Contrary to popular perception, China’s central planning did not fail. Here’s why the Five Year Plans have played an important role in China’s progress.
A common view of China’s central planning is that it has failed; since China grew faster when its reforms replaced planning with markets, the sooner China gets rid of Five Year Plans the better. This view is simplistic.
Firstly, central planning did not fail: in the central planning era (1952-1978), China achieved a real growth rate per capita of 3% per annum, which is comparable to that of the US over the same period. A private enterprise economy requires a tax system to extract revenue to fund the state, financial institutions to channel savings into investment, plus accounting and legal institutions to ensure good corporate governance. Russia’s switch from central planning to a market economy in the 1990s was aborted by its failure to build these systems, despite high literacy, excellent education and decades of peace and social stability. China could not have built these systems soon after 1949, given its much lower literacy, poor education and the chaotic aftermath of decades of war.
Central planning was the fastest way for China to mobilize capital and labor for industrialization. By imposing low wages and high product prices, the central plan ensured profits for state enterprises, which could be used to fund government and investment. The same considerations had led Japan to use central planning and state enterprises to launch industrialization during the Meiji Restoration. Central planning also limited the autonomy of enterprise managers, hence their incentive and ability to use local information. This was regrettable, but not fatal when the overall direction in which China needed to develop was pretty clear. However, central planning also limited the autonomy of managers to loot their enterprises, the problem that fatally undermined Russia’s economy when it exited central planning without institutions to ensure good corporate governance.
Secondly, China’s transition from a planned to a market economy was smoothed by their parallel operation for a number of years. All state enterprises and all farmers had to fulfill their obligations under the central plan, but could sell any surplus into private markets. This policy was important in economic terms because it maintained employment, livelihoods, infrastructure and the supply of basic goods, hence a stable foundation for the nascent market economy. The policy was important in political terms because it ensured that the early reforms created no losers, only winners, so that no interest groups—such as local party leaders—sought to stymie or disrupt the reforms.
Thirdly, even when private enterprise became a leading force, central planning enabled the integration of microeconomic with macroeconomic policy. This is illustrated by the Five Year Plan of 2011-2015, which was praised by most external as well as most internal observers. It sought to guide China away from the previous growth model based on exports and investment toward a model based on consumption and services. But it also sought to maintain growth and employment by promoting market forces in the allocation of capital, while restricting the growth of local government debt. The Plan provided a useful guidesheet for a complex transition, while allowing room for judgment by the leaders of enterprises and local governments.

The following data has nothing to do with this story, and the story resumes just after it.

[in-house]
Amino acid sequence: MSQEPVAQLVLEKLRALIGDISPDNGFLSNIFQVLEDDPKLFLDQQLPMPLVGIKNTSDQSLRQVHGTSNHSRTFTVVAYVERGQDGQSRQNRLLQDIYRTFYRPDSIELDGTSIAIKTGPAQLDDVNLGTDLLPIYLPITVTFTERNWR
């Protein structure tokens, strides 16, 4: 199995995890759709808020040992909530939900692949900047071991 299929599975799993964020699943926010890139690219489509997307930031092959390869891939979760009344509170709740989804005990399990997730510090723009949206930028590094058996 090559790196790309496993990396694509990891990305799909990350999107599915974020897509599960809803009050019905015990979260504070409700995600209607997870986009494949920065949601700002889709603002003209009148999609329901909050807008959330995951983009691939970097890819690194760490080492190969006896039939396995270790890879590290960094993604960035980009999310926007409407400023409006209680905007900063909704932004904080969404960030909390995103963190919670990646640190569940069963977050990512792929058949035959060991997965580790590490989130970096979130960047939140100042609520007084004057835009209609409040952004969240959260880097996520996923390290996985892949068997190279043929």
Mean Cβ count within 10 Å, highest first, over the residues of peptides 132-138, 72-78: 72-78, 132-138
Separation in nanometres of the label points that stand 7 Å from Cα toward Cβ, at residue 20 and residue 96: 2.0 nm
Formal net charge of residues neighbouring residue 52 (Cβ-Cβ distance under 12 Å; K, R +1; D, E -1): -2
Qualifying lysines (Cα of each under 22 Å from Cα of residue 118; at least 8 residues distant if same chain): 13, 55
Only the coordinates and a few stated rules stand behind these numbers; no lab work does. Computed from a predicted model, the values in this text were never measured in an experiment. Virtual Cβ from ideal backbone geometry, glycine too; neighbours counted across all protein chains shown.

However, the fate of the current Five Year Plan shows the limitations of planning in China today. The plans to promote market forces in finance went awry as the stock market suffered first a bubble then a collapse, which the government tried to rectify with massive interventions. In the meantime, China’s exports were set back by recessions in the European Union and major emerging markets, especially Brazil and Russia. Priority had to be given to maintaining growth and employment by centrally-organized backdoor interventions in capital markets.
These setbacks reveal that the basic problem facing China’s planning system today is macroeconomic rather than microeconomic. Planning can facilitate innovation and economic dynamism by opening up more space for private enterprise, for example, by extending the protection of intellectual property rights and encouraging venture capital funds; both policies feature in the current Five Year Plan. However, successive reforms have liberalized capital markets and allow banks greater scope to make decisions based on profit. This has left financial flows and the macroeconomy more exposed to both internal and external shocks, which can disrupt the execution of central plans, however intelligent.
Ironically, it is outside of China that centralized planning remains possible—and desirable. The “One Belt One Road” strategy uses China’s foreign exchange reserves to fund direct investment around the world, both to improve China’s access to natural resources and global markets and to use up excess capacity in heavy industry. These projects are capital intensive, fraught with political risk, link many industries and deploy hundreds of thousands of Chinese citizens abroad. As in the first era of central planning, they require political leadership, central coordination of state enterprises and workers, and funding via state banks. However, they must also allow micro-decisions to be made locally, since central planners are certainly not capable of processing all the relevant information from around the world. So long as the state keeps a grip on heavy industrial enterprises and the allocation of finance, there will be a role for this looser form of planning.
Leslie Young is Professor of Economics at CKGSB.
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